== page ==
COVID-19 has transformed the world economy in ways that are still continuing to unfold. The pandemic has exposed the vulnerabilities of the global supply chain, specifically the reliance on China as the world’s manufacturing hub. Savvy business owners are taking notice and reimagining their supply chain planning for a post COVID world. Here are a few tips to help you develop a solid strategy to prevent future disruptions from negatively impacting your business.
According to Deloitte, over 200 of the Fortune Global 500 companies have a presence directly in Wuhan. It’s no wonder that when the pandemic first exploded, some of the biggest corporations were hit the hardest – because supply has been concentrated all in one area. It’s always smart to hedge your risk. Although the current pandemic will eventually subside, there is no guarantee that future disruptions won’t occur. Finding alternative suppliers is one way to prevent total catastrophe if something similar occurs in the future. Although it’s impossible to predict another black swan event like COVID, identifying alternative manufacturers will greatly reduce your risk of total supply chain disruption.
An AI algorithm sent out the first warning signals that a global pandemic was about to explode, over a week before it was officially announced by the World Health Organization. Although a week may seem trivial, in situations like this, one week could mean the difference between avoiding crisis and a total disaster. If you are a business owner or supply chain manager, it’s increasingly important to pay attention to the data and be decisive. This is true for both short term crisis management and long-term forecasting. Data can be your best friend or your worst enemy. If you learn how to harness it correctly, it can save you money and headaches. If you don’t, your competitors will.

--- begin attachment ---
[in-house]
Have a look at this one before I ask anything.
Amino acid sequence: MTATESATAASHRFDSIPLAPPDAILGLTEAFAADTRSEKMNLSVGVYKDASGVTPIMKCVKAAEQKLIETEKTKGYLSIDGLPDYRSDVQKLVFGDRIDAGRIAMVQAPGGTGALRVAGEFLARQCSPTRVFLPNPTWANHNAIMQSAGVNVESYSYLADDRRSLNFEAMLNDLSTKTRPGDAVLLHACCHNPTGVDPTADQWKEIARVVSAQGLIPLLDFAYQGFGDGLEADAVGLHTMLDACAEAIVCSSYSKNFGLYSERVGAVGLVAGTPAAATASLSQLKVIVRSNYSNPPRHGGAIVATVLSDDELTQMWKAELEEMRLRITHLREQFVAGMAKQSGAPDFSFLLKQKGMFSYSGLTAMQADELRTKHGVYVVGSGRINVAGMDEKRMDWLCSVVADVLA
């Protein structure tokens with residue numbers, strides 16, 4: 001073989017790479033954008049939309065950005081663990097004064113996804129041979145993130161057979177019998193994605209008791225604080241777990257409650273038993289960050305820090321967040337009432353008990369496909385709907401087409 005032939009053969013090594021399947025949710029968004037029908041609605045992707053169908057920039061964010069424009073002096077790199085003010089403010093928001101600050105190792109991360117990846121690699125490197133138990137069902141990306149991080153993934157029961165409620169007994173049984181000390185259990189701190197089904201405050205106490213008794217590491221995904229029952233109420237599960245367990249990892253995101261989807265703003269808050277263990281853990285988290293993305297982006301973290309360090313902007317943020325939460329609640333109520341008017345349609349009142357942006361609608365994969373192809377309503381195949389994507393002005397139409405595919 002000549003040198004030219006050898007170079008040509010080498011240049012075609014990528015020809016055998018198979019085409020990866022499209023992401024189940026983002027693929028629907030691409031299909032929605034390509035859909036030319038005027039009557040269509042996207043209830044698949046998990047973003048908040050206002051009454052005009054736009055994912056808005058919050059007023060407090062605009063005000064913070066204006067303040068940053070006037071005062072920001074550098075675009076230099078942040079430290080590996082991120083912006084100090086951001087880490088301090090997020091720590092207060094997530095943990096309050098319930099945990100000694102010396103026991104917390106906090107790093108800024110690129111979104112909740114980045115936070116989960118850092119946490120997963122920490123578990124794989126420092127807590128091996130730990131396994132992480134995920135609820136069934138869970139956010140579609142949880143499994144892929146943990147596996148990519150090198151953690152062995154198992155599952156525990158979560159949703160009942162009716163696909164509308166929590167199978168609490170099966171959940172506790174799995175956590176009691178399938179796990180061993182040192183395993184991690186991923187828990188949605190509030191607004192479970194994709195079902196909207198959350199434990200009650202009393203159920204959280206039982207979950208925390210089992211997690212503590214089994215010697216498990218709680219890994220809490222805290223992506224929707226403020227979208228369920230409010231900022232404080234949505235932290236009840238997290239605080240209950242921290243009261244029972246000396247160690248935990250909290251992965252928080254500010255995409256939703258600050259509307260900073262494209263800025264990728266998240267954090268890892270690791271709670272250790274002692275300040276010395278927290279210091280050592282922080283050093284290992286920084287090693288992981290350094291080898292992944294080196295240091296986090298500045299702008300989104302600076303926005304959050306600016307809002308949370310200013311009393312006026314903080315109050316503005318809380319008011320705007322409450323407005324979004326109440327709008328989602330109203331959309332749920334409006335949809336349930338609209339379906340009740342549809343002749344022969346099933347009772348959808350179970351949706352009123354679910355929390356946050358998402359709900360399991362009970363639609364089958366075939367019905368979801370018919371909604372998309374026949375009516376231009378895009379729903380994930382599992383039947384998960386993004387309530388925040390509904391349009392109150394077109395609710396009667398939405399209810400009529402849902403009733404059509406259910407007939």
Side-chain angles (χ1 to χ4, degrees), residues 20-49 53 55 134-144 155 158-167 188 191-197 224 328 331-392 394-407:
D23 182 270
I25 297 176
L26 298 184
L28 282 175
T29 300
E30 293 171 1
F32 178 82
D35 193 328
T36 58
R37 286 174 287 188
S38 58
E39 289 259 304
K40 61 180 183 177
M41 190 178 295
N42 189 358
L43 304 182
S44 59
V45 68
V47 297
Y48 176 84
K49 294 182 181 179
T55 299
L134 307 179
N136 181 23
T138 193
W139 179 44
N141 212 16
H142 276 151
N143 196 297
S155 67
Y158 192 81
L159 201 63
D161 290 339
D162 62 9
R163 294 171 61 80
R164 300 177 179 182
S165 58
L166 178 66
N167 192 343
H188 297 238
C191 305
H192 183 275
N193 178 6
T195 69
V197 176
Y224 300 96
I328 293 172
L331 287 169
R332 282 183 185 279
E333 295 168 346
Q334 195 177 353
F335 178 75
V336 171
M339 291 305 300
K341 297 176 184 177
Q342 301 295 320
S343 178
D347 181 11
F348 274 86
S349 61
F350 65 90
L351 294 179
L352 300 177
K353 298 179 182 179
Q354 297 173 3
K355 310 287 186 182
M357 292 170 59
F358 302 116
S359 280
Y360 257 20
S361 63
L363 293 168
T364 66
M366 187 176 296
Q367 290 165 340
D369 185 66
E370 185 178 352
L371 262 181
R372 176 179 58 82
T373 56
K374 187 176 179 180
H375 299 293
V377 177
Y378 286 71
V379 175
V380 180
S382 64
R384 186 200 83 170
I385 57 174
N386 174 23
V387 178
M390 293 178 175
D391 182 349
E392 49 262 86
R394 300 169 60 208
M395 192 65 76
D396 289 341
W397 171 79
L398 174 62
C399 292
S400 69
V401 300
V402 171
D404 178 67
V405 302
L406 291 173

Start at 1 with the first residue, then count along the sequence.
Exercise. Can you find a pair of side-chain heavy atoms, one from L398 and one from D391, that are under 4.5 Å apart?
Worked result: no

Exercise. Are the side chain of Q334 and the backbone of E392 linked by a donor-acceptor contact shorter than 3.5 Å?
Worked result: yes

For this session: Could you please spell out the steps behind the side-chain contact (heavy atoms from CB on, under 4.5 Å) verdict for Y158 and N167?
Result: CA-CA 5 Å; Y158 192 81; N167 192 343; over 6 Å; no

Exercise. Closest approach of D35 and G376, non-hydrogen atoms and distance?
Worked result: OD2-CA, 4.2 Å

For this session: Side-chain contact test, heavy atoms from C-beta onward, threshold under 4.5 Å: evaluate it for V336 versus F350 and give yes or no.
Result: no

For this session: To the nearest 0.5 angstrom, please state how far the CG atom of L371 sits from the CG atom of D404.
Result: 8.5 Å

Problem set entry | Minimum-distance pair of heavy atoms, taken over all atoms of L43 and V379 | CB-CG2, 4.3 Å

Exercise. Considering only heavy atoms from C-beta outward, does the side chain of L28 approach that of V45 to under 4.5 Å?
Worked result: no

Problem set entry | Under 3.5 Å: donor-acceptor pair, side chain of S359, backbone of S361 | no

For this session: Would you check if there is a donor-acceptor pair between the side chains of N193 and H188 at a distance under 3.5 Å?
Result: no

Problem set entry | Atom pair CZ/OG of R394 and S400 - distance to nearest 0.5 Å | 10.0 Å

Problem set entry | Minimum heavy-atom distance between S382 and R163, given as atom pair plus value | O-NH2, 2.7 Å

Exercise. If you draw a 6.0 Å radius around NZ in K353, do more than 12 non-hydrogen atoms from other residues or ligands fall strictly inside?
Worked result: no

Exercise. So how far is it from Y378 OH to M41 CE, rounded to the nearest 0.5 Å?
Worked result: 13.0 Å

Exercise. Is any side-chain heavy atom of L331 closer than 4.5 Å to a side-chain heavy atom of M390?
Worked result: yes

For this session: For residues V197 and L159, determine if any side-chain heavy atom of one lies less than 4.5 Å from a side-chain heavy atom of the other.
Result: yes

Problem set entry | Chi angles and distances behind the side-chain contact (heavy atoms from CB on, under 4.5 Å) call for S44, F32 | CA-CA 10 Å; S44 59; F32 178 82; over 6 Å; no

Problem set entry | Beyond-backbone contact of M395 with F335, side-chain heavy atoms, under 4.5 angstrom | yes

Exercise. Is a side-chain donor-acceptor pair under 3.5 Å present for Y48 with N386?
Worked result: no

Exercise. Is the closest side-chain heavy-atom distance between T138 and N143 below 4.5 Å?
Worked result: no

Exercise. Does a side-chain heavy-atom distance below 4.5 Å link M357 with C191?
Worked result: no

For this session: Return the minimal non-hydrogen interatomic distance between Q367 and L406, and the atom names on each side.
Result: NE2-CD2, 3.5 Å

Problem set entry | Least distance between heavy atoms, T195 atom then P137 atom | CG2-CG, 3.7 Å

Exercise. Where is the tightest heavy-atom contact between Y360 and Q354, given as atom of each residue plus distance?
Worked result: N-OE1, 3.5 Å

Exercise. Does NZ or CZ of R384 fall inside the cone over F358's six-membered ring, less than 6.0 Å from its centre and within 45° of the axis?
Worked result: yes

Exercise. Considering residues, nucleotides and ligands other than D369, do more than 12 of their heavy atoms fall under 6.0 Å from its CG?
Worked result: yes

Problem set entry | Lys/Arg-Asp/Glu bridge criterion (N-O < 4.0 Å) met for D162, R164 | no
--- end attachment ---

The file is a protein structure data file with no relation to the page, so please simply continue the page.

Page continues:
Prepare for Future Disruptions
As the world further develops into a global marketplace, periodic disruptions will continue to occur. It’s naïve to think that COVID-19 is an isolated instance that will be remedied by a vaccine. Although the virus itself will eventually be contained, the gaps in the system it’s revealed can never be erased. The next disruption may not be a pandemic, it may be a natural catastrophe, a government action, a nuclear meltdown, or any number of other scenarios that may impact global trade.
As noted by the Harvard Business Review, supply chain disruptions are often not taken into consideration when mapping performance metrics. If you’re a supply chain manager, it’s wise to build an exit strategy into contracts with a supplier. If you are doing business with an international manufacturer, you should have a plan to circumvent restrictions and remap your supply chain in the event of a similar breakdown in trade. Otherwise, you may find yourself enmeshed in another global catastrophe with no way out.